Conservation DistList Archives [Date] [Subject] [Author] [SEARCH]

Subject: Armor


From: Edward Hunter <edward.hunter>
Date: Monday, November 25, 2002
Fernando Lorenzo Gilabert <fergilabert [at] terra__es> writes

>I am working on a collection of XV century armours. Their surfaces
>are covered with a slight rust layer. The mechanical work under
>magnifying glass is effective but too slow. I tried, successfully,
>with a weak NaOH solution (in deionized water): the corrosion layer
>became soft and I could remove it with nonmetallic tools
>But, is it enough to wipe and remove with cotton swabs and ethanol
>to neutralize the NaOH action? Can the decorated areas (gilded) be

While I am sure that your method is effective, and that it should be
possible to neutralize the NaOH solution after cleaning, I am wary
of using chemicals to remove corrosion products. I generally find
that treatments of this type produce a highly unsatisfactory surface
appearance.  I have worked on armor from several collections and
visited many more, and I can say that those armors cleaned
exclusively using mechanical methods preserve more surface detail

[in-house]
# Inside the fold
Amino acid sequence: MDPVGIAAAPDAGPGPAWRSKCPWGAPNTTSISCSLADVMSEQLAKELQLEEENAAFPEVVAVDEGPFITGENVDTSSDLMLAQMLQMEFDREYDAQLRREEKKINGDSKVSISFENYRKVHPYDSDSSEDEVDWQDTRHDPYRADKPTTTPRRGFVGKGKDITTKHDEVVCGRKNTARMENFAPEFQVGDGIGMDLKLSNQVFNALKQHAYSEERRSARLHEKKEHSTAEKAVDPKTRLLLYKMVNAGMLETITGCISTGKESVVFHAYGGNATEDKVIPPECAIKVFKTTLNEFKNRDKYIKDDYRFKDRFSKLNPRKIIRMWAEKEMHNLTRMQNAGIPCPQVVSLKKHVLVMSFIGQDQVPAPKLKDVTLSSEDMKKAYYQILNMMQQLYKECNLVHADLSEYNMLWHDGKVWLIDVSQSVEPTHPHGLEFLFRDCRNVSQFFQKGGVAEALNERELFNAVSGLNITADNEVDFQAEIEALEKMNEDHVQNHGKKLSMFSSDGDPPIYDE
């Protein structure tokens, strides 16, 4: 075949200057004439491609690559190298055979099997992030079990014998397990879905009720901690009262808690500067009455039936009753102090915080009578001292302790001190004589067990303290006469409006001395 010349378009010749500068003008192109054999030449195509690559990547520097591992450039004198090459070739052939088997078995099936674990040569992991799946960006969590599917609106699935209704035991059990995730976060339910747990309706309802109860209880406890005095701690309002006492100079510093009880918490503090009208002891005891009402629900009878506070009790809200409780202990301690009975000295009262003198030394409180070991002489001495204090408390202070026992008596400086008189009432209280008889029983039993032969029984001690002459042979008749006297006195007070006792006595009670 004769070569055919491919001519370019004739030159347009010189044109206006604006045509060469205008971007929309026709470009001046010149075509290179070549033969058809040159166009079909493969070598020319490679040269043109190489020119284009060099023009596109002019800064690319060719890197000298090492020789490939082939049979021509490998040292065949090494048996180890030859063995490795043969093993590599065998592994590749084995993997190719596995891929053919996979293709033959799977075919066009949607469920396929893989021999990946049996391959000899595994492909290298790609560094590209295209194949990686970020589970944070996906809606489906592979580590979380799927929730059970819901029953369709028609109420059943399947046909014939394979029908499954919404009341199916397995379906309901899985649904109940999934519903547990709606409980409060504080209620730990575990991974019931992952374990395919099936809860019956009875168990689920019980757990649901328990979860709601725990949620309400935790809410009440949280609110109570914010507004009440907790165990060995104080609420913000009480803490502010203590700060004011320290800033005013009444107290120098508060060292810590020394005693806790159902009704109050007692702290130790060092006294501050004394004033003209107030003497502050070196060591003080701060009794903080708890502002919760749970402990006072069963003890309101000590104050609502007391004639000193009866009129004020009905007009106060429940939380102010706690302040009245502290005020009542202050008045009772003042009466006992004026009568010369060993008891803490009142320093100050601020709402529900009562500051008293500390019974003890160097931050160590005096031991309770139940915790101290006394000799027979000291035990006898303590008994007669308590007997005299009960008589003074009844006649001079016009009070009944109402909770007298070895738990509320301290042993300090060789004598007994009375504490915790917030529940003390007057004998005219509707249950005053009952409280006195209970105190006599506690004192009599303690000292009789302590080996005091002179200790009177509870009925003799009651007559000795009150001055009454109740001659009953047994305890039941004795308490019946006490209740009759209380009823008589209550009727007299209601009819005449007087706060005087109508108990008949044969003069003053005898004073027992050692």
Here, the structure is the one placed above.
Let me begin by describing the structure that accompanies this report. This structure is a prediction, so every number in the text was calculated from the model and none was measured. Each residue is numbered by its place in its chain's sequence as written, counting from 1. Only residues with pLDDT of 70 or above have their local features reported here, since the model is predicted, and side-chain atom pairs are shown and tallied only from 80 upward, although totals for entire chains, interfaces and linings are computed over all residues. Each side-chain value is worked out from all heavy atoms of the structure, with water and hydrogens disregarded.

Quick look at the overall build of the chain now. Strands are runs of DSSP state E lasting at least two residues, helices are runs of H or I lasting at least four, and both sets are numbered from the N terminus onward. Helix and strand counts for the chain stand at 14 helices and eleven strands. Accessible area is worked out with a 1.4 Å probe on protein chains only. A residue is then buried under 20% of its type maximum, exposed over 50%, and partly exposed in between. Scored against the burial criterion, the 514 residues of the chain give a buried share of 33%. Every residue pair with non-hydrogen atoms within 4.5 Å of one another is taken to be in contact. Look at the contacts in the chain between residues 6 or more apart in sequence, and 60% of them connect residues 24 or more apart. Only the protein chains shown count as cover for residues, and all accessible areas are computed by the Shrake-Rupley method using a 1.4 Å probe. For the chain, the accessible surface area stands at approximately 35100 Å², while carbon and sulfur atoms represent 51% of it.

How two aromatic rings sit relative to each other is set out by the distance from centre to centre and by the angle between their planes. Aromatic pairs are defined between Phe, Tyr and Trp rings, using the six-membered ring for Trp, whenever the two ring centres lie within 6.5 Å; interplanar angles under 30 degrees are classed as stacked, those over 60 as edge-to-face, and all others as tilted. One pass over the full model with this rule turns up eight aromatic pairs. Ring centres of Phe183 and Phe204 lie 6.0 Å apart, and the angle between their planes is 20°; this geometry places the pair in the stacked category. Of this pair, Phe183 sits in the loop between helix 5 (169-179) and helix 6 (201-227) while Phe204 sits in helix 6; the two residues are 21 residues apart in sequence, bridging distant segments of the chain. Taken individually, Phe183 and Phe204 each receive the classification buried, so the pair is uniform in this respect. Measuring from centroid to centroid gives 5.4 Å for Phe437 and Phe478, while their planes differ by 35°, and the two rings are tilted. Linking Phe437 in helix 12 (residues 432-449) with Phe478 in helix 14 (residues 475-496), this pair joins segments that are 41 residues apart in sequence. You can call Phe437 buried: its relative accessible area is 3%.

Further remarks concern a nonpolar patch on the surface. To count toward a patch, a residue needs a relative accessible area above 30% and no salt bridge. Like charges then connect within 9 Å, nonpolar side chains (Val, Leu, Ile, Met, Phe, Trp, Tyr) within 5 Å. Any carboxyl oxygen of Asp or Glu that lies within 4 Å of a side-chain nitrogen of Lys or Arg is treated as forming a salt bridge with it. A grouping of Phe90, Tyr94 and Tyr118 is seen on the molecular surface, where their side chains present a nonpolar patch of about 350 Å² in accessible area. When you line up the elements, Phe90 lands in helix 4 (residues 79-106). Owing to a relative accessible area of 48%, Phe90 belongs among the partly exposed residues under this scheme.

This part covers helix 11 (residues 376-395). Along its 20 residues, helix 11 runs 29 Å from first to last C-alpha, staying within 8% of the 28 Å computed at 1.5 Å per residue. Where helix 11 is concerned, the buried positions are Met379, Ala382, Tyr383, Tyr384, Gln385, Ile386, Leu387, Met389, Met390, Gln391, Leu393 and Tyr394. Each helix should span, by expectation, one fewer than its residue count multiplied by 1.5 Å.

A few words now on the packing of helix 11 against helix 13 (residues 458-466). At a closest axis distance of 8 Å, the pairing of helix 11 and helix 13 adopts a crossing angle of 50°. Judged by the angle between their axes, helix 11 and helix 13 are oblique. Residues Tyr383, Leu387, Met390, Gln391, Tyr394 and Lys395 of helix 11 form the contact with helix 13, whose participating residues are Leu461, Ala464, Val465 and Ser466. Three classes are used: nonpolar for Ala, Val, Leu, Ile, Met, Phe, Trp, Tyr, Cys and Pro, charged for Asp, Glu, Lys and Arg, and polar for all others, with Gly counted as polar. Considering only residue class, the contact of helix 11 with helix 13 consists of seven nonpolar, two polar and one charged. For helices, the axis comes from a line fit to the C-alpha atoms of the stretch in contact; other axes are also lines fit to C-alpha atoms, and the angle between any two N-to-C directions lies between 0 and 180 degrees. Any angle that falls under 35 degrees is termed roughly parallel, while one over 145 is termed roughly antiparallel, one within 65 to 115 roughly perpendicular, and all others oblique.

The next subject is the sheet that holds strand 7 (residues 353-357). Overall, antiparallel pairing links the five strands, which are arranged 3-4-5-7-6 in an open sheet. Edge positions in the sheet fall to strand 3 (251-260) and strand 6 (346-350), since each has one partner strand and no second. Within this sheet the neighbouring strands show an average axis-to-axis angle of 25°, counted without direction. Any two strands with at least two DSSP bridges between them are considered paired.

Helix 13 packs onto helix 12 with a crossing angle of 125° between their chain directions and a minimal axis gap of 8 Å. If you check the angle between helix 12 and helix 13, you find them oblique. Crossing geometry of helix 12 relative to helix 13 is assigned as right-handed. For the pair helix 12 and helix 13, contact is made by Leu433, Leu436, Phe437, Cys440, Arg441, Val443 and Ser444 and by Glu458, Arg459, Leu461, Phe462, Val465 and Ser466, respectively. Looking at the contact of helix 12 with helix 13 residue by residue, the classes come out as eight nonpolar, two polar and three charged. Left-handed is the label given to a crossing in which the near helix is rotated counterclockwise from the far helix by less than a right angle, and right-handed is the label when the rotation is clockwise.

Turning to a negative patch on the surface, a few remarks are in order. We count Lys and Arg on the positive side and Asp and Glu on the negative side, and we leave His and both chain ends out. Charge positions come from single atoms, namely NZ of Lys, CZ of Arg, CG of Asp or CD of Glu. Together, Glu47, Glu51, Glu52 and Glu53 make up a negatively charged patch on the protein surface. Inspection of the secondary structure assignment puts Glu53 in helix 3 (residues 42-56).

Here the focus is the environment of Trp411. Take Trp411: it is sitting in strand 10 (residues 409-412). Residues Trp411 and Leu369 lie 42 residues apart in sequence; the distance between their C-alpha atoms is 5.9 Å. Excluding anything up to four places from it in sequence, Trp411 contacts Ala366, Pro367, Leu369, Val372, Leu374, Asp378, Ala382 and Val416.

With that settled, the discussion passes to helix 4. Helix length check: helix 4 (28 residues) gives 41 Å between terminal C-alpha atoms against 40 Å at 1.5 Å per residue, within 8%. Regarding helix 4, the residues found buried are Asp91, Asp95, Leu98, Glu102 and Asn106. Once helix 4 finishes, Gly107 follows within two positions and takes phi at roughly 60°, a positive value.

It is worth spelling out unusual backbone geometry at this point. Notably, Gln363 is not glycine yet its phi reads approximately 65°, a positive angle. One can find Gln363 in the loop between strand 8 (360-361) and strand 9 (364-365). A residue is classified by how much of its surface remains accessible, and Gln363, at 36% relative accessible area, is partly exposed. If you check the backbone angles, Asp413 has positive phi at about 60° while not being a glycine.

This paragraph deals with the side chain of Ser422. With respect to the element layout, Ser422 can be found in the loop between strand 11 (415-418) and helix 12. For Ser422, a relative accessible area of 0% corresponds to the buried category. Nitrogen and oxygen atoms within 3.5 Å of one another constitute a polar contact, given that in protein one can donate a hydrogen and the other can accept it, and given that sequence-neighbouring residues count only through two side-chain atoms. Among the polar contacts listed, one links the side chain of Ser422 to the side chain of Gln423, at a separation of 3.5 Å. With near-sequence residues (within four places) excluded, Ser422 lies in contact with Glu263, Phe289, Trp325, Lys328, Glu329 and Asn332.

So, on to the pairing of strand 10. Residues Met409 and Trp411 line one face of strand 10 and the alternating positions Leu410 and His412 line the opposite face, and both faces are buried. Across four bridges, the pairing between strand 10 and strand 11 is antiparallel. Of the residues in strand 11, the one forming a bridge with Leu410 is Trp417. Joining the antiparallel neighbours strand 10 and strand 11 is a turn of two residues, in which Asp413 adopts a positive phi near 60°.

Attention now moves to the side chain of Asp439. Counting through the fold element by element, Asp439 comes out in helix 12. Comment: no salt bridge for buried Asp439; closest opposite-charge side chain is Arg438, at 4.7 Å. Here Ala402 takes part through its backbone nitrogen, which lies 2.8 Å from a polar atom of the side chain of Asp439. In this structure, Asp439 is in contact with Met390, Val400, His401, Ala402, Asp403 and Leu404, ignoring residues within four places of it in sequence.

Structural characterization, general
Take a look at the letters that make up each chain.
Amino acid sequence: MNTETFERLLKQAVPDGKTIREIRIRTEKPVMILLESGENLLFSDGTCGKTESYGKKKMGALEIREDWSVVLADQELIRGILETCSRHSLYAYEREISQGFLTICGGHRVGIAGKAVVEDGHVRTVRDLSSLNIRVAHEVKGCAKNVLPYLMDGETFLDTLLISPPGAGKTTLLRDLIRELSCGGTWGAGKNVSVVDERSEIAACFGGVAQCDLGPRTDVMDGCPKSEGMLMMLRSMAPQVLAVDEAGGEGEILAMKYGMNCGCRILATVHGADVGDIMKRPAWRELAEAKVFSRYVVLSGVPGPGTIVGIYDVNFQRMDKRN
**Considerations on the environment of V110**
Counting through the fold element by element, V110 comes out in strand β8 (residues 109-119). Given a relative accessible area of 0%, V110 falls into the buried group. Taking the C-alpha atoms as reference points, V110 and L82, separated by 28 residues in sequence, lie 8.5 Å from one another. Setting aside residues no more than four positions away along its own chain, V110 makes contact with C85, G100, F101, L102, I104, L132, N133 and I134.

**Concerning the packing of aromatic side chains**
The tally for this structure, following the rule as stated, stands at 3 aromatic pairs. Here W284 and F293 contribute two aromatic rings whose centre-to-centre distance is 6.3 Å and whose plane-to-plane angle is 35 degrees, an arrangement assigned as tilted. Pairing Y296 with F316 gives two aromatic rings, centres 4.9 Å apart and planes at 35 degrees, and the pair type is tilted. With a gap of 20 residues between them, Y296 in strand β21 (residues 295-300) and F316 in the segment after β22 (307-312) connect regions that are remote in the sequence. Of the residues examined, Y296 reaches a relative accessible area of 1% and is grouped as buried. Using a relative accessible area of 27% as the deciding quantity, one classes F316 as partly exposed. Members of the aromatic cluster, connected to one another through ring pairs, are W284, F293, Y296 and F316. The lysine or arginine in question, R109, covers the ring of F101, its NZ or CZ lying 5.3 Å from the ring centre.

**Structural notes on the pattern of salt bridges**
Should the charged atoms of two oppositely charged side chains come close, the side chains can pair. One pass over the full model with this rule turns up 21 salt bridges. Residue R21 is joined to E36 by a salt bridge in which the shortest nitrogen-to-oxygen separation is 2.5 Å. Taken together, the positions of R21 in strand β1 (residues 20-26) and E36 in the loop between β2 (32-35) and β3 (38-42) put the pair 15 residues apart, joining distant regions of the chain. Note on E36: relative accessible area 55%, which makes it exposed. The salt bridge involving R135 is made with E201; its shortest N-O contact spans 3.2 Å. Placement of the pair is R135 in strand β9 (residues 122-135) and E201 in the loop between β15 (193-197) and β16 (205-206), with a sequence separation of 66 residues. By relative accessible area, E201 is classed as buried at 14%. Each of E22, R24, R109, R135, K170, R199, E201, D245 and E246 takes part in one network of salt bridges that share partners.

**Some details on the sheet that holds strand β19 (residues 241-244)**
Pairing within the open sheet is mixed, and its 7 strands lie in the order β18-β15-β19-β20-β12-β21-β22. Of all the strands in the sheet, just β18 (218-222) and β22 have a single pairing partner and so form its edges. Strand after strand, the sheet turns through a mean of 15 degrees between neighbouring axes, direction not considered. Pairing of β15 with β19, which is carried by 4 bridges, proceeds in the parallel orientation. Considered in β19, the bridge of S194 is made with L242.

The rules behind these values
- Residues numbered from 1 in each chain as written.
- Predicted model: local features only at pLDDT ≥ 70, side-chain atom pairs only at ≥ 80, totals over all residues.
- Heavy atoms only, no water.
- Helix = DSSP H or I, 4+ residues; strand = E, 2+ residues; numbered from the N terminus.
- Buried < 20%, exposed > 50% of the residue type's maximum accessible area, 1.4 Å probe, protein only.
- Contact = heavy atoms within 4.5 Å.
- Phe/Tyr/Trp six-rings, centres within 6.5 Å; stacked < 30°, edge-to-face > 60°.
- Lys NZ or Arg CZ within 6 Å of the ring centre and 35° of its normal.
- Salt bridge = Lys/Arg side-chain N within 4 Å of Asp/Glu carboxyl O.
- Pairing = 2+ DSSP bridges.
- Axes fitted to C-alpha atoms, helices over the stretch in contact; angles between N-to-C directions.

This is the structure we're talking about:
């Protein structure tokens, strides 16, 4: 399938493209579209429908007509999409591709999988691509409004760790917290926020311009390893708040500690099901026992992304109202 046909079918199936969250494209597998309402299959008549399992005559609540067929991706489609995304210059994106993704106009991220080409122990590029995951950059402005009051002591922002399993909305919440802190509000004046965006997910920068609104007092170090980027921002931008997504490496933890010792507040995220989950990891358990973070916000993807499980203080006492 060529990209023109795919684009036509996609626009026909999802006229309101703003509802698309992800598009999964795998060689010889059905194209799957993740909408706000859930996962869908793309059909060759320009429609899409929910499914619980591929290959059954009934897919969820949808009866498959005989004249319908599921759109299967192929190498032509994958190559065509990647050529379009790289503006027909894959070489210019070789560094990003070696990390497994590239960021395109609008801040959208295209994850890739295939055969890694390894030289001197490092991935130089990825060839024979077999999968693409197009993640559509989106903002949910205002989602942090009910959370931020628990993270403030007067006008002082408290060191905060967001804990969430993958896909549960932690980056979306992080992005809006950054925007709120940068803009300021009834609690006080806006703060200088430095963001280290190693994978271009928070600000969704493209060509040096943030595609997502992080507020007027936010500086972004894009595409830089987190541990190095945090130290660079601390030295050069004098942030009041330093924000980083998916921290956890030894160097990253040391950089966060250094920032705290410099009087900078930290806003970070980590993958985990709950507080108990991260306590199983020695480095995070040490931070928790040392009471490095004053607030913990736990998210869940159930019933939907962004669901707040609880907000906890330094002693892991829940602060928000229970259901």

and have a more attractive appearance.  Admittedly, you do not
propose dunking an entire armor in acid, a method I have witnessed
the unfortunate results from more than once, but I am suspect of any
chemical cleaning for armor.  That said, it is true that mechanical
cleaning is time consuming and difficult.

However, NaOH is the prime ingredient in products such as oven
cleaner and is highly caustic.  Apart from any issues with health
and safety, my feeling is that even a dilute solution poses
potential long-term problems.  Even a small amount left in contact
and not neutralized will cause eventual damage, especially if
encapsulated by wax or lacquer.  Left exposed to air, sodium
hydroxide converts to other compounds (such as sodium carbonate),
but if coated it will remain active and corrosive under the coating.
Of course, without a coating, you end up back where you started-
cleaning off rust. So, though I am sure it means more work (doesn't
it always), I feel one should always avoid the use of the NaOH in
favor of the mechanical cleaning. Respectfully,

Edward A. Hunter
Assistant Conservator
Department of Arms and Armor
Metropolitan Museum of Art

                  Conservation DistList Instance 16:35
                 Distributed: Monday, November 25, 2002
                       Message Id: cdl-16-35-005
Received on Monday, 25 November, 2002

[Search all CoOL documents]